Even though Gross Domestic Product in the U.S. reportedly increased by 2% during the third quarter, another report caused investors to turn bearish on the market today. The Dow Jones Industrial Average (Index: ^DJI) barely managed to end the trading session higher. As the closing bell rang, the Dow sat at 13,107, up just 3.53 points, or 0.03%. GDP rose more than most economists expected, which ranged from 1.7% to 1.9%, depending on the source. While that surprise gave the market a lift in the early morning, the University of Michigan Consumer Sentiment report missed expectations and can be blamed for the market's diminished performance.
With that report, 17of the Dow's 30 components were in the red today. This afternoon, I explained why JPMorgan Chase (NYSE: JPM), Bank of America (NYSE: BAC), and Home Depot (NYSE: HD) were moving lower; now find out why Merck (NYSE: MRK), Disney (NYSE: DIS), and Wal-Mart (NYSE: WMT) also were in the red today.
So why are they down?
Pharmaceutical giant Merck was lower today after the company announced earnings. While the company beat estimates on earnings per share, it missed on revenue, which happened to fall 4%. The company blamed unfavorable exchange rates for the revenue decline, an explanation we have seen from a number of companies this quarter. The company also recently lost patent protection in the U.S. for its popular Singulair drug, but believes that their strong pipeline of new drugs will bear fruit by the end of 2013. Shares were down 0.32% as the bell rang.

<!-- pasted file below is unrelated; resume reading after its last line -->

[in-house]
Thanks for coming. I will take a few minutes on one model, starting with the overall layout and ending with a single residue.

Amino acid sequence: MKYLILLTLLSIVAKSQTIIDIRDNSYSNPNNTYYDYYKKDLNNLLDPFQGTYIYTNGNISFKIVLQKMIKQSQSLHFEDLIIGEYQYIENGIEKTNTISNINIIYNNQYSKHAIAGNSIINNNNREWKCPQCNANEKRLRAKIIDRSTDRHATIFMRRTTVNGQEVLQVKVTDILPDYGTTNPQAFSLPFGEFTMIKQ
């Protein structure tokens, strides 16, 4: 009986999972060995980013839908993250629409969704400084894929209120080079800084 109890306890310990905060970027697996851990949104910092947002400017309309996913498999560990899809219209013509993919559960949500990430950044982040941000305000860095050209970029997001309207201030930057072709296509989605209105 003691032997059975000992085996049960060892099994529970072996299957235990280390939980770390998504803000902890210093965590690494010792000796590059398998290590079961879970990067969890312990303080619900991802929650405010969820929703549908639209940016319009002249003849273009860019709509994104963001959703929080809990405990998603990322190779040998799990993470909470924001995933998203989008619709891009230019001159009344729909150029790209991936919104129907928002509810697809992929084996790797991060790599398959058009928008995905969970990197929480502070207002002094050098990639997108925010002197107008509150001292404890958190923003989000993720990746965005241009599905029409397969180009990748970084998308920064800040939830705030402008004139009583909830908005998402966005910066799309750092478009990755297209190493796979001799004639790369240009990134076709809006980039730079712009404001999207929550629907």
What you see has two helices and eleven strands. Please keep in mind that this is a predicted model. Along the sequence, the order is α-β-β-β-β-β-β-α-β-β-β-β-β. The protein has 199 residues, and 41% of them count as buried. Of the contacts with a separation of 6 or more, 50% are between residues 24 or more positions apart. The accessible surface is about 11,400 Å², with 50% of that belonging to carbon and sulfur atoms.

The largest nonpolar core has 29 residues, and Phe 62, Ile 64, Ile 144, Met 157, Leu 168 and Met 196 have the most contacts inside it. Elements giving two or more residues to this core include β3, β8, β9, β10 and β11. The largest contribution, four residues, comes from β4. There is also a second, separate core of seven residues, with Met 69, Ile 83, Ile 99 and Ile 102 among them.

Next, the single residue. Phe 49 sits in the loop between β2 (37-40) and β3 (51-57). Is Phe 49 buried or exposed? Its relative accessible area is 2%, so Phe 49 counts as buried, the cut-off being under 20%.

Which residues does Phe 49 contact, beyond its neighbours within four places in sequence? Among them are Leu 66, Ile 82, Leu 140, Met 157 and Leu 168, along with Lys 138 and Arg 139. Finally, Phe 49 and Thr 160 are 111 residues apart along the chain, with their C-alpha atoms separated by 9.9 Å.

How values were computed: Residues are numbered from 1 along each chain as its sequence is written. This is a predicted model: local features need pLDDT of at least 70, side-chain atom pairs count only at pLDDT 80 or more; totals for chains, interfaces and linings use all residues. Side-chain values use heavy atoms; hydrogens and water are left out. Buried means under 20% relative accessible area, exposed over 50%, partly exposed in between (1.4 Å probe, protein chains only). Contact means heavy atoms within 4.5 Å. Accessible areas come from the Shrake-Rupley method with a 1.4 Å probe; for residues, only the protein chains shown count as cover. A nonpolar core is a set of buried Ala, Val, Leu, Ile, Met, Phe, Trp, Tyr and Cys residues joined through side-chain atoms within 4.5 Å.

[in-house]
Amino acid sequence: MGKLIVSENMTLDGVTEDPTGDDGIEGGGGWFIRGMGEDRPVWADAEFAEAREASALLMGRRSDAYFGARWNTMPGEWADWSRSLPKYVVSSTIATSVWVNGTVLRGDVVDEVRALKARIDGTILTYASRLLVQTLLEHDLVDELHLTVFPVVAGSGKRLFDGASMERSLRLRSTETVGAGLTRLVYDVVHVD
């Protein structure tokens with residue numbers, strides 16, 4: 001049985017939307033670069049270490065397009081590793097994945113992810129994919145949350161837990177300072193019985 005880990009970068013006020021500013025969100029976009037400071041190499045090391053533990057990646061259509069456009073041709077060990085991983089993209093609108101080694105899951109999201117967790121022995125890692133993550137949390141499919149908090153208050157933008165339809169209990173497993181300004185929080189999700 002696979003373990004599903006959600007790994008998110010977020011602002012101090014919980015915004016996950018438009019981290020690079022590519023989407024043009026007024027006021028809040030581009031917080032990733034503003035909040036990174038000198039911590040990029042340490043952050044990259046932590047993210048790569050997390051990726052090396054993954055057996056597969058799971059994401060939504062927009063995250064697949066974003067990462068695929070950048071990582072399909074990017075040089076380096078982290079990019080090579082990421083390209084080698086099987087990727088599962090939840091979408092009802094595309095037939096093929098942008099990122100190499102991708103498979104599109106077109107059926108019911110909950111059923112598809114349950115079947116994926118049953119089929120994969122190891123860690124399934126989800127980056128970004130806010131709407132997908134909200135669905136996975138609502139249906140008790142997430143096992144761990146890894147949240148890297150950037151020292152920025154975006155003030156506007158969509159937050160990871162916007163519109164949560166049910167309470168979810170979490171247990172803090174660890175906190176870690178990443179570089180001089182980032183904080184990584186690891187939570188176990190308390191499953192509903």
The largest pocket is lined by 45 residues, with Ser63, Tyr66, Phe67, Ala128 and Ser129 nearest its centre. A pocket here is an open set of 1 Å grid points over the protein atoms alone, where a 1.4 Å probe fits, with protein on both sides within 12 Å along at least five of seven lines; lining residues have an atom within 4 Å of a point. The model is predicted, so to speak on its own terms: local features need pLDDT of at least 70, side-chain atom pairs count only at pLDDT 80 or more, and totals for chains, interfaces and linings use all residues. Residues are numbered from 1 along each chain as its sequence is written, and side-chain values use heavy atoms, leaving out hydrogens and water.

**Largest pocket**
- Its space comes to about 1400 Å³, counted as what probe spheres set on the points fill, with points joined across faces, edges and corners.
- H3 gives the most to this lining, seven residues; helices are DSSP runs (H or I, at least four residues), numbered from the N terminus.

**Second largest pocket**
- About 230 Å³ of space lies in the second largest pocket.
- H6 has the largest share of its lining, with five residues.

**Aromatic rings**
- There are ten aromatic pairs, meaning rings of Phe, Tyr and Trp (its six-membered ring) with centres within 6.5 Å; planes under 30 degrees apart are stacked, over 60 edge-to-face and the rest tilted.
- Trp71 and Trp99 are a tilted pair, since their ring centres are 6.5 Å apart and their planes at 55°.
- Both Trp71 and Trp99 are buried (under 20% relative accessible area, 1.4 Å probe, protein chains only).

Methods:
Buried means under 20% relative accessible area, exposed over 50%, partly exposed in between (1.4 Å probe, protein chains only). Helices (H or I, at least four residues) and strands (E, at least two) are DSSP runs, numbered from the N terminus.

While Disney saw its stock lose 0.36% today, Wal-Mart had its shares cut by 0.28%. Both companies are highly consumer driven and must not have liked the poor consumer sentiment report today. The University of Michigan reported that their index rose from 78.3 in September to 82.6 in October, but that was lower than the preliminary October reading of 83.1, and the 83 that had been projected by economists. Most investors would consider Disney's products as more discretionary than Wal-Mart's, but both organizations are hurt when consumers are more fearful of the future.
While we are on the subject of fear, Hurricane Sandy is causing a number of companies to increase inventory, due to customers' fears. With the storm predicted to hit a number of states, companies such as Wal-Mart, Home Depot, Lowe's (NYSE: LOW), and Target (NYSE: TGT) are stocking up on emergency equipment, like flash lights, generators, canned goods, and bottled water. Properly preparing not only benefits customers, who can get what they need, but also does wonders for the bottom lines of organizations that have enough of what the consumer wants.
Matt Thalman owns shares of Bank of America and JPMorgan Chase. The Motley Fool owns shares of Bank of America, Walt Disney, and JPMorgan Chase & Co. Motley Fool newsletter services recommend Walt Disney, The Home Depot, Lowe's Companies, and Wal-Mart Stores. Try any of our Foolish newsletter services free for 30 days. We Fools may not all hold the same opinions, but we all believe that considering a diverse range of insights makes us better investors. The Motley Fool has a disclosure policy.